This separation is also reflected in Canada’s lack of a significant Spanish-speaking diaspora, particularly relative to that of the US. In spite of the fact that 21 percent of Canada’s population is foreign-born, compared to just 14 percent in the US, only 0.3 percent of Canada’s population is Mexican, compared to an estimated 11 percent of the population in the US. Even the state with the smallest share of its population being Mexican or Mexican-American—Maine—has a higher share, 0.4 percent, than Canada does.

But this may be likely to change, for two reasons. First, there is a political faction in the US which is wary of further Hispanic immigration, seeing it as a threat to the singular position held by the English language in America. Second, whereas the population of the US is relatively young, the population of Canada is Boomer-dominated, inching towards old age. This is especially true of the population of Canada’s French-speaking provinces, Quebec and (partially) New Brunswick. These provinces also, because of the far smaller language gap between French and Spanish than between Spanish and English, have a much higher propensity to attract Latin Americans than do other parts of Canada (see graph). Between demographics of this kind and US immigration politics, the next major wave of Latin American emigrants could be to Canada.

canada-quebec comparisons.png

The aging population of Canada’s Baby Boomers, and especially of Quebec’s Baby Boomers, also indicates another area in which Canada-Mexico economic ties—both direct and indirect—are likely to grow: tourism.  Already today, Mexico is the largest destination for Canadian travellers apart from the US, while the areas of the US that Canadians spend the most time in — Florida, the Southwest, and New York — are ones in which Mexican-Americans (or in Florida’s case, Hispanic-Americans in general) inhabit in large numbers. As Canadian Baby Boomers reach old age or retire, they are likely to spend more time in places like Mexico, in order to avoid much of the discomfort (even danger) of dark, icy Canadian winters. This will be most true of Quebec, given its older population, colder winters, and greater ability to learn Spanish.

Travel by Canadians .png

As the chart above implies, the US reconciliation with Cuba may also lead Canadians to spend more time in Mexico. During the past generation, the US rivalry with Cuba has given Canadians a near lock on the Cuban market. Canadians account for an estimated forty percent of all visitors to Cuba, and Cuba accounts for a disproportionately large destination (given Cuba’s relatively small size) for Canadian tourists. As the US allows its own population to go to Cuba, however, Canadian snowbirds will lose the advantage of having such a cheap, warm country all to itself. Many will re-route to other Latin American beaches.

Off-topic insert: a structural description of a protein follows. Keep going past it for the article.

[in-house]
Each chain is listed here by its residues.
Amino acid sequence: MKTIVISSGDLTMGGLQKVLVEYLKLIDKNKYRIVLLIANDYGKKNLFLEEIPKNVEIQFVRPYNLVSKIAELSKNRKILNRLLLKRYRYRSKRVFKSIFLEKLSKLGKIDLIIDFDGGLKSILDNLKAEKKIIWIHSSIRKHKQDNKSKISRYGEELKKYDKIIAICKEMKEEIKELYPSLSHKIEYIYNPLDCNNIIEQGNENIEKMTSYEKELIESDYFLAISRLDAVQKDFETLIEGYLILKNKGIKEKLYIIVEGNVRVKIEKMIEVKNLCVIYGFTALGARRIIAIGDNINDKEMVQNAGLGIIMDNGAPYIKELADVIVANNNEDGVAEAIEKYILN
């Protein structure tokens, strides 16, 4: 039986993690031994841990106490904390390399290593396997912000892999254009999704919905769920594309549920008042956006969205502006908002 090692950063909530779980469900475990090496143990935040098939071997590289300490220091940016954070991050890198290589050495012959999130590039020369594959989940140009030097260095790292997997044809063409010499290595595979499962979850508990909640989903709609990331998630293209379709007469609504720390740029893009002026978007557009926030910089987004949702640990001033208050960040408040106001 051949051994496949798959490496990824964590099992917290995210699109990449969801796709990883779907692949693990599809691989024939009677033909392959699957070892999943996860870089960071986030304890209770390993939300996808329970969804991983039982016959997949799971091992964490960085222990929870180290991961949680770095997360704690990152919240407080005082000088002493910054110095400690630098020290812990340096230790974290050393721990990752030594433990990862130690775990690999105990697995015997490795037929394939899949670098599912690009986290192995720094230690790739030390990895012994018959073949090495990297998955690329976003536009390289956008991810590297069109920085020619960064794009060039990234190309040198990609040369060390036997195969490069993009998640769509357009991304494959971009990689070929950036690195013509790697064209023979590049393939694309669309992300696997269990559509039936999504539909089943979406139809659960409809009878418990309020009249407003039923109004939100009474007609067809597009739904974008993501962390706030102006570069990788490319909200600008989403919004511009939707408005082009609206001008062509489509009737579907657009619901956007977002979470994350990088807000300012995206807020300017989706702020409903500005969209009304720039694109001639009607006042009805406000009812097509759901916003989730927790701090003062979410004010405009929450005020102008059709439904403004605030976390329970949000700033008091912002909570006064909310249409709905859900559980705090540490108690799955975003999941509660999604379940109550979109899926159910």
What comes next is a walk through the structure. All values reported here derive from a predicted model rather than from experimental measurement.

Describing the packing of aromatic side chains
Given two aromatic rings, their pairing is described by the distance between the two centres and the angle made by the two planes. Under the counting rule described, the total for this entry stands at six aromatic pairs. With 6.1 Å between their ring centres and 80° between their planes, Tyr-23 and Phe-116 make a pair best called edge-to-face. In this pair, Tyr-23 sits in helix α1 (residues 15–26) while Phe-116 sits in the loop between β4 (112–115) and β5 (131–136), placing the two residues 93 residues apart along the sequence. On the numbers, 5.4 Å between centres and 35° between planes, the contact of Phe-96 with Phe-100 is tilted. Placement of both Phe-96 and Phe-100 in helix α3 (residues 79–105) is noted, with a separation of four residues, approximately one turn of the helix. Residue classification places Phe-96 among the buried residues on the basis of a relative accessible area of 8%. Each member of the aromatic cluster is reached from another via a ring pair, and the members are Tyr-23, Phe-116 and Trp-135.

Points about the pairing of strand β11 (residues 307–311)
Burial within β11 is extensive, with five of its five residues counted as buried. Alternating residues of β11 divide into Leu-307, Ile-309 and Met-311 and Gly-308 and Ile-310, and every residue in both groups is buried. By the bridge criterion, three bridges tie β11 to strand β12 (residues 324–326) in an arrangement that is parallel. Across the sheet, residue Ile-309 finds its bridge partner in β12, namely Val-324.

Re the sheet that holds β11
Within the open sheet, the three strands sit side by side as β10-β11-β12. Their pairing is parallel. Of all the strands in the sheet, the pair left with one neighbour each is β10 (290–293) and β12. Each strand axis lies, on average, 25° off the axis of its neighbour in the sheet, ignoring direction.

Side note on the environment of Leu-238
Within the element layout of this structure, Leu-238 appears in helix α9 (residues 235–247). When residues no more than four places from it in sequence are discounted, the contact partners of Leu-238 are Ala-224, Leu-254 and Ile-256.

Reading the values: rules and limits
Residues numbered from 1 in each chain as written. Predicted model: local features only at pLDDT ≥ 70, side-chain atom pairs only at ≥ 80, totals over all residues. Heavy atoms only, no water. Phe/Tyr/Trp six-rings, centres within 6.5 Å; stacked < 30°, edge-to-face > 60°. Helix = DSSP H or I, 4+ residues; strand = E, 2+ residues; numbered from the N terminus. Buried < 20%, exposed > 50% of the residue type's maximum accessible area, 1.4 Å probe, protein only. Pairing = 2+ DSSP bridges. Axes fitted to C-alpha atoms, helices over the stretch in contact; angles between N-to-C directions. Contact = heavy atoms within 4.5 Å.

An even more important pull factor for Canadian snowbirds will be “e-commuting”. The ability for young Canadians to spend time in a cheap, warm country in the winter is likely to increase dramatically as a result of the modern Internet. This is also likely to impact the Baby Boomers. If, for example, it becomes easier for a Boomer’s children and grandchildren to come visit them in Florida or Mexico for, say, a whole month over Christmas, rather than for just a week, then Boomers will be likelier to go in the first place.

And the relationship may not even remain one-way only: Mexicans may begin to visit Canada more often too. Today Mexicans do not go to Canada much, because they lack the disposable income to do so. If and as Mexicans become wealthier, however, they may look to Canada as a place to go in the summer; a place where the summer weather is not too hot, the major metropolises are not too crowded, and a cottage by a northern lake may be rented at an affordable rate. Climate change could, sadly, also play a role in this equation. Mexico — and the Southwestern US, in which tens of millions of Mexican-Americans live — is dangerously arid, whereas Canada is in possession of an abundance of renewable, surface-level freshwater.

Conclusion—The New Drivers of Trade